A 1955 Broadway comedy was titled “Will Success Spoil Rock Hunter?” Today a production called “Has Success Spoiled Fareed Zakaria?” would be humorous only to the extent audiences enjoyed unintended self-parody.
Zakaria is the over-exposed host of Cable News Network’s “Fareed Zakaria GPS,” editor at-large of TIME magazine and columnist for The Washington Post. Two recent Post commentaries on Israel and Iran, “Deterrence works” (March 15) and “Israel’s false choice” (February 16) – partially echoed by a TIME column and remarks on his March 11 CNN show – raise a question: Why so much Zakaria?
His March 15 Post column, “Deterrence works,” continues the pundit’s two-dimensional campaign against Israeli or U.S. military pre-emption of Iran’s presumed nuclear weapons program. Zakaria argues that since Western deterrence against a nuclear-armed Soviet Union worked, it’s likely to do so against an Iranian government in possession of such arms.
Iran only now is attempting a transition from its first-generation Islamic revolutionary rulers. But the younger generation of leaders and would-be successors, highlighted by Iran’s recent parliamentary elections, includes not only President Mahmoud Ahmadinejad and other apocalyptic messianists, but also “harder-line” theological “purifiers” and other Islamic ideologues. “Moderate” Islamic modernizers, let alone secularists, were barred from running.
Never mind. Zakaria continues in this unanalytical vein, asking “if deterrence doesn’t work, then why are we not preparing preventive war against Russia, which still has a fearsome arsenal” of nuclear weapons, “or against Pakistan, home to a military-intelligence regime that has been implicated in more major acts of terrorism” far more often than Iran?
Facile comparisons don’t impress high school debate judges, and they should raise doubts about Zakaria’s arguments. The United States hasn’t put the option of pre-emptive military strikes against Russia “on the table” as it has with Iran because, among other things, since the collapse of the Soviet Union the Russian republic has not reiterated that “we will bury you”; has not hidden its nuclear program from international inspection; or, at least not directly, supported anti-American attacks.
But Iran, labeling the United States “the Great Satan” and Israel “the Little Satan,” has urged supporters to “imagine a world without America” as well as “a world without Israel.” It has masterminded, among other strikes, the 1983 bombing of the U.S. Marine barracks in Lebanon, the 1996 bombing of American military quarters in Saudi Arabia and the arming of anti-American insurgents in Iraq and Afghanistan. Last year it apparently tried to murder the Saudi ambassador in Washington.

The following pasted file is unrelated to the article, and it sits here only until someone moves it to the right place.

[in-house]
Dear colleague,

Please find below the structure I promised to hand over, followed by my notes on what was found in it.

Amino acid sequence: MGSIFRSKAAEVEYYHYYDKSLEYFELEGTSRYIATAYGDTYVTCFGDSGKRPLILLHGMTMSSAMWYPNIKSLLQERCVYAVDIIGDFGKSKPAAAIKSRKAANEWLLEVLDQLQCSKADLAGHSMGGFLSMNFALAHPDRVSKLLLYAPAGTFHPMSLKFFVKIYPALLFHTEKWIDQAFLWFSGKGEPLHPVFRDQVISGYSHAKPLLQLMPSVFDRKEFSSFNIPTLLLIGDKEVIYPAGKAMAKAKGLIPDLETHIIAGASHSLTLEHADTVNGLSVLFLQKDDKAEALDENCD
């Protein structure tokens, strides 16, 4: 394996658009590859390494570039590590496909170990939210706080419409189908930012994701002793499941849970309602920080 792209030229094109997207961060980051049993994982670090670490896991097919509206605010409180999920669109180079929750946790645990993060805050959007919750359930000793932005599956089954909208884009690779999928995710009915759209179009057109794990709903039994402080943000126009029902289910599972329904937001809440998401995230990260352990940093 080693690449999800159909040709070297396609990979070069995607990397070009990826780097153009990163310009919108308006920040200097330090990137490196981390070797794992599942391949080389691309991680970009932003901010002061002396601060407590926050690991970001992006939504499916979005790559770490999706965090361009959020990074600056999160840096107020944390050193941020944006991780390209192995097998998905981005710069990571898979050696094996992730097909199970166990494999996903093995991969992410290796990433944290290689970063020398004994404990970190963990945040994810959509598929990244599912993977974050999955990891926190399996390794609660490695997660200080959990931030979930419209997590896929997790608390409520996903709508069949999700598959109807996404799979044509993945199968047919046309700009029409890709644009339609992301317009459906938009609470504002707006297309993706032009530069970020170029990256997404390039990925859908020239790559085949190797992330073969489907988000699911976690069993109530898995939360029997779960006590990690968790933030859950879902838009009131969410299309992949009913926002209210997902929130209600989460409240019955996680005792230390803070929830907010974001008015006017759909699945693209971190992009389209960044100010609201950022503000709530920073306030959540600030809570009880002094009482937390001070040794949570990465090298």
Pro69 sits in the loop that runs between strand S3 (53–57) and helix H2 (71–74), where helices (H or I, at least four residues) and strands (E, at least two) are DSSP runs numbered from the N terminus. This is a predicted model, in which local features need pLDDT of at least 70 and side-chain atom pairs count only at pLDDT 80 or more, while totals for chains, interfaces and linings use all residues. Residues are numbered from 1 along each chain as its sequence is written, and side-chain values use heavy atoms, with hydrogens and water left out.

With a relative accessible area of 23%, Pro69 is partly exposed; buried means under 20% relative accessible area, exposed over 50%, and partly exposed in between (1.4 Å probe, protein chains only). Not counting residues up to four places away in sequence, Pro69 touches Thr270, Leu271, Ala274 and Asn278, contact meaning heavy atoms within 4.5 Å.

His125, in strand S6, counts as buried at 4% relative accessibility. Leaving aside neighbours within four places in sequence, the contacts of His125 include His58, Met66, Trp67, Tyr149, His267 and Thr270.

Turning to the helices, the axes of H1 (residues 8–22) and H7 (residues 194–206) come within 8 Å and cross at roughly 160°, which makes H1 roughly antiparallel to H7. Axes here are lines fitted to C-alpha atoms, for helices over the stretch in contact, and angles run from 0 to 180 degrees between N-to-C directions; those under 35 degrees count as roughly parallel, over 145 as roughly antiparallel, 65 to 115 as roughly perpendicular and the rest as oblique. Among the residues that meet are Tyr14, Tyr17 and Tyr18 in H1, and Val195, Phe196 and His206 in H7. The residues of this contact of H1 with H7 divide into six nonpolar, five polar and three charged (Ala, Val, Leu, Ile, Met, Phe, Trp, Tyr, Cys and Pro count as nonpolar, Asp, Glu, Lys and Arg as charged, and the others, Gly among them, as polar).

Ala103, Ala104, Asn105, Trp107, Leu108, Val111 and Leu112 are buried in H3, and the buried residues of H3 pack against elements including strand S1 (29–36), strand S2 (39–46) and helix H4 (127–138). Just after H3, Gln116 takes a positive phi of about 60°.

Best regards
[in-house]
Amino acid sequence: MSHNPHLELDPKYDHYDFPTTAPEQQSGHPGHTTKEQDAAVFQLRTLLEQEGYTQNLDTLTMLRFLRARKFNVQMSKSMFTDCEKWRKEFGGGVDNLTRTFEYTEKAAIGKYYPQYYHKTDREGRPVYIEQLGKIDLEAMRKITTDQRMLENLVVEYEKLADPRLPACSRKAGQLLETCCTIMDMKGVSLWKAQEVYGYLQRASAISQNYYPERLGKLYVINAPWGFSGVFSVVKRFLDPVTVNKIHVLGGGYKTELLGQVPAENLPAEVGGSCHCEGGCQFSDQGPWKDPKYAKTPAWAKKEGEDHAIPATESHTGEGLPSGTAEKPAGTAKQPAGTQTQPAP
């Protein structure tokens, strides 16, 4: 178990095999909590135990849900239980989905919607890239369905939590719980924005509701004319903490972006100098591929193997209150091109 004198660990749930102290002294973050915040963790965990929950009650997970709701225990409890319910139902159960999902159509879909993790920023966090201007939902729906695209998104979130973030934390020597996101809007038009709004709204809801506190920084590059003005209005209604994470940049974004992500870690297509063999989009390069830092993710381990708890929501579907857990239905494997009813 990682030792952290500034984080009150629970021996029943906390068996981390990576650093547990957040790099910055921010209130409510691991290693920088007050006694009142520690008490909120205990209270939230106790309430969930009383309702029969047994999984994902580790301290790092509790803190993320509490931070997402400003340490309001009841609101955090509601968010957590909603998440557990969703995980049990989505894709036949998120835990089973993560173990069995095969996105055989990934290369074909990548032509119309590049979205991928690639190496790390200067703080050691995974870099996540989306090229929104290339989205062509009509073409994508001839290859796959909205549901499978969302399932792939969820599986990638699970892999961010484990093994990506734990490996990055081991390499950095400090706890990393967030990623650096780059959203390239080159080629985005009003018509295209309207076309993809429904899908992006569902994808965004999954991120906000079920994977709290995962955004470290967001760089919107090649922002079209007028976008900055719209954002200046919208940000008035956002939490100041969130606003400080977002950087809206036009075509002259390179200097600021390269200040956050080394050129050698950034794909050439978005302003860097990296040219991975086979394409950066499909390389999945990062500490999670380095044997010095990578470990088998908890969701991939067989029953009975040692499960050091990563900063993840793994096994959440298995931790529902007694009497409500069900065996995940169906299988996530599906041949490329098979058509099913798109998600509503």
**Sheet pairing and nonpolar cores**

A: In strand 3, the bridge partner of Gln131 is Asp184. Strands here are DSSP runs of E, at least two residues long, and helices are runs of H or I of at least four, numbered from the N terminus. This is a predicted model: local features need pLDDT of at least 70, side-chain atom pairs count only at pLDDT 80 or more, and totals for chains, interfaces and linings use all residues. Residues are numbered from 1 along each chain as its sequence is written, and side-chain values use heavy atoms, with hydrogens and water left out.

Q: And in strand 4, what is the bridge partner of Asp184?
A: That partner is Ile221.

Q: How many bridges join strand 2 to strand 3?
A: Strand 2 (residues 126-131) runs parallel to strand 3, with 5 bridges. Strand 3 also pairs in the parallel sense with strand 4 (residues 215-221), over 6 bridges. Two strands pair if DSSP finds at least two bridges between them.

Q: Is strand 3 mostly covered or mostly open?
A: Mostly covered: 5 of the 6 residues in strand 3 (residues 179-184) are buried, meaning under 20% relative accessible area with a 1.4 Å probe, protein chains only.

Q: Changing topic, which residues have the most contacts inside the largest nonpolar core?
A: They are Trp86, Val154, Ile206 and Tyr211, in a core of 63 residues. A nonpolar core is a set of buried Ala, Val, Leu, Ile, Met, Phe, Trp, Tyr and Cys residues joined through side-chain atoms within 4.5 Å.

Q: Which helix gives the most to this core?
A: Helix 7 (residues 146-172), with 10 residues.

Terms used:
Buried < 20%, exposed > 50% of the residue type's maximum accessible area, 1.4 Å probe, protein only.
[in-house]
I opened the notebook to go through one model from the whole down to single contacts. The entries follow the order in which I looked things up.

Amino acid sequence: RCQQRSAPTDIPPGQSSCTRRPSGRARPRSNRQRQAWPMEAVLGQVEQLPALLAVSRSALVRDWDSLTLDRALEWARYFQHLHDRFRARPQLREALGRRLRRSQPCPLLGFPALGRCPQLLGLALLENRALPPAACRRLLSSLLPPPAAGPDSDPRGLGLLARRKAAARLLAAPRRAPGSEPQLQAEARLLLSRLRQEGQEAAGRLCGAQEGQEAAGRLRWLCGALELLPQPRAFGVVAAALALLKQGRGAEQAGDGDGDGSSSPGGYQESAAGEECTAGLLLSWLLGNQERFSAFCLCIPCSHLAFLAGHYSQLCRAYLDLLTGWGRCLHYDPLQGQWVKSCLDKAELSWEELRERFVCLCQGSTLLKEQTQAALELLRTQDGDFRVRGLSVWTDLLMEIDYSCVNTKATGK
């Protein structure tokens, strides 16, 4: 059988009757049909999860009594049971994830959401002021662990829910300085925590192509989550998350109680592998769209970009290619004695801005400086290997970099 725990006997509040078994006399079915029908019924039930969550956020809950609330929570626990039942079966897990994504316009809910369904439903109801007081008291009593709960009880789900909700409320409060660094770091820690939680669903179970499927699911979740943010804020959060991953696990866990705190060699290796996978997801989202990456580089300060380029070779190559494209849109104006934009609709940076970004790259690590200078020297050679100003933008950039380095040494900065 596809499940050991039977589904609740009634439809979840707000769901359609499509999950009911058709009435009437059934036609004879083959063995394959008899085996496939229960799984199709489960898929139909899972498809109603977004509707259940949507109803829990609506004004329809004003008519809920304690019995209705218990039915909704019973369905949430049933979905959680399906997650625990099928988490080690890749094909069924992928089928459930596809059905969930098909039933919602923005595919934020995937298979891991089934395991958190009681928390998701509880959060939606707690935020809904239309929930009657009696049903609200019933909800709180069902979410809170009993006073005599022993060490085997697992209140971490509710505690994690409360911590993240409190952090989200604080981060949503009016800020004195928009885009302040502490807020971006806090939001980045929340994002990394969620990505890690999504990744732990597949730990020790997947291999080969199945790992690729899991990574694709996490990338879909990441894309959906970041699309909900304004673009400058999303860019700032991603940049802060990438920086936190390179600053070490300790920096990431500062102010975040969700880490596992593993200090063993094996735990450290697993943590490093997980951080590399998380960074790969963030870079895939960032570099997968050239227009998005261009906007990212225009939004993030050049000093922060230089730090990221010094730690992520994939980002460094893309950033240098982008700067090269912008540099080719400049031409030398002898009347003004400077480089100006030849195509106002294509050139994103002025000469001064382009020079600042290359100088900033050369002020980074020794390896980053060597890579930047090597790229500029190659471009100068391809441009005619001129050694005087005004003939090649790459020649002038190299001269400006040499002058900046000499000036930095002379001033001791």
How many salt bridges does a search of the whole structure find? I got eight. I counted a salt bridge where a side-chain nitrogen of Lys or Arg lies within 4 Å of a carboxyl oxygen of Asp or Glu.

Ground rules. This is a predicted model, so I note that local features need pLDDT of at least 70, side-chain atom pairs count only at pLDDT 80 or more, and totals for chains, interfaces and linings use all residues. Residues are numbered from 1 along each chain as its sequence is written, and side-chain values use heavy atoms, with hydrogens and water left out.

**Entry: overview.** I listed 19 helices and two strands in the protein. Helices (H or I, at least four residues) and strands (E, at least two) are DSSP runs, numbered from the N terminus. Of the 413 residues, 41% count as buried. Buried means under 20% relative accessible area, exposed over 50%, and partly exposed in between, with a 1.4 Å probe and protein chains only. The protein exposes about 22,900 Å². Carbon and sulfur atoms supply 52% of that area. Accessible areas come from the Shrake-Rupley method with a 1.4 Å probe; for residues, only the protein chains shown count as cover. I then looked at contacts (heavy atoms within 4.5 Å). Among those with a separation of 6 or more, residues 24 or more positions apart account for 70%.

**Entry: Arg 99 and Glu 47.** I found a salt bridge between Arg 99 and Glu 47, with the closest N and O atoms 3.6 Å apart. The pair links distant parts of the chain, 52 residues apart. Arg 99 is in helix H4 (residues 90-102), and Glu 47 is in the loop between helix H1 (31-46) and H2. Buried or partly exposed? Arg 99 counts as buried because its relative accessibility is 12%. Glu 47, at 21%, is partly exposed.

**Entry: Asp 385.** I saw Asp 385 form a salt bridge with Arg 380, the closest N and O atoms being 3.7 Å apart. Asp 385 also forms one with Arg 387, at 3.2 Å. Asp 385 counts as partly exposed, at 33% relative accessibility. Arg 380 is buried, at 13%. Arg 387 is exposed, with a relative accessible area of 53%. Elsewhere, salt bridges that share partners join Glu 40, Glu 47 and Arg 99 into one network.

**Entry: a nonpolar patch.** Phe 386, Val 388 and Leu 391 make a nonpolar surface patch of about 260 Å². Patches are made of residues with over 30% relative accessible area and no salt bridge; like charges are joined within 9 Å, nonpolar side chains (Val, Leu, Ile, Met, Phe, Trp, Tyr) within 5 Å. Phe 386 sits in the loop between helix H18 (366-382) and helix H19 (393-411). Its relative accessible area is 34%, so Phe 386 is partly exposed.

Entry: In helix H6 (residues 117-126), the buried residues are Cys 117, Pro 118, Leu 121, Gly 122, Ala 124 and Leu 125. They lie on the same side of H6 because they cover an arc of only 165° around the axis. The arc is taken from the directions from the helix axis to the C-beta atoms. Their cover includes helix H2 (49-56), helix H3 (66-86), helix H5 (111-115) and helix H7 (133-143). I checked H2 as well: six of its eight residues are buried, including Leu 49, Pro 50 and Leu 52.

Why not pre-empt a nuclear-armed Pakistan, the Afghan Taliban’s de facto hinterland? Zakaria does not acknowledge that, like preparations for the raid on Osama bin Laden’s Pakistani hide out last year, plans to “secure” Pakistan’s nuclear facilities in case of a coup by Islamic extremists reportedly are ready at the Pentagon.
Zakaria declares that “great powers went to war with brutal regularity for hundreds of years. Then came nuclear weapons, and there has not been a war between great powers since 1945 – the longest period of peace between great powers in history.” Like pedestrians crossing against the light, media celebrities should beware historical generalizations.
The United States and Soviet Union did not fire directly at each other during the Cold War, 1946 – 1991, but during the Korean War, Vietnamese War and numerous smaller, surrogate conflicts – including, in some respects, the 1967 Six-Day War and 1973 Yom Kippur War – the United States and NATO, and other allies, most certainly fought the Soviet Union, Warsaw Pact countries and their satellites. Millions of people died in and from wars in which the great powers were invested during Zakaria’s “peace between great powers”.
He follows false com
parisons and retroactive historical determinism with a logical fallacy. Describing Kenneth Waltz as “one of the most distinguished theorists of international relations,” Zakaria quotes Waltz that “rulers want to have a country that they can continue to rule.” Waltz is known in academia as founder of “neorealism,” an approach to explaining the behavior of countries. Explanation, of course, looks back. Prediction, which neither Waltz nor most other foreign policy specialists are famous for, looks forward. Zakaria misses this elemental distinction. Rulers who see themselves with God or history on their side not infrequently over-reach and bring devastation to their countries: King Phillip II and Spain, Napoleon and France, Hitler and Germany are among the examples.
Zakaria almost airily dismisses Iran’s potentially genocidal threat to Israel, acknowledging “anguish over the prospect of an Iranian nuclear weapons is understandable. It would be better for Israel, the Middle East and the world if Tehran does not acquire such a weapon.” But if it does, “a robust policy of containment and deterrence would work …”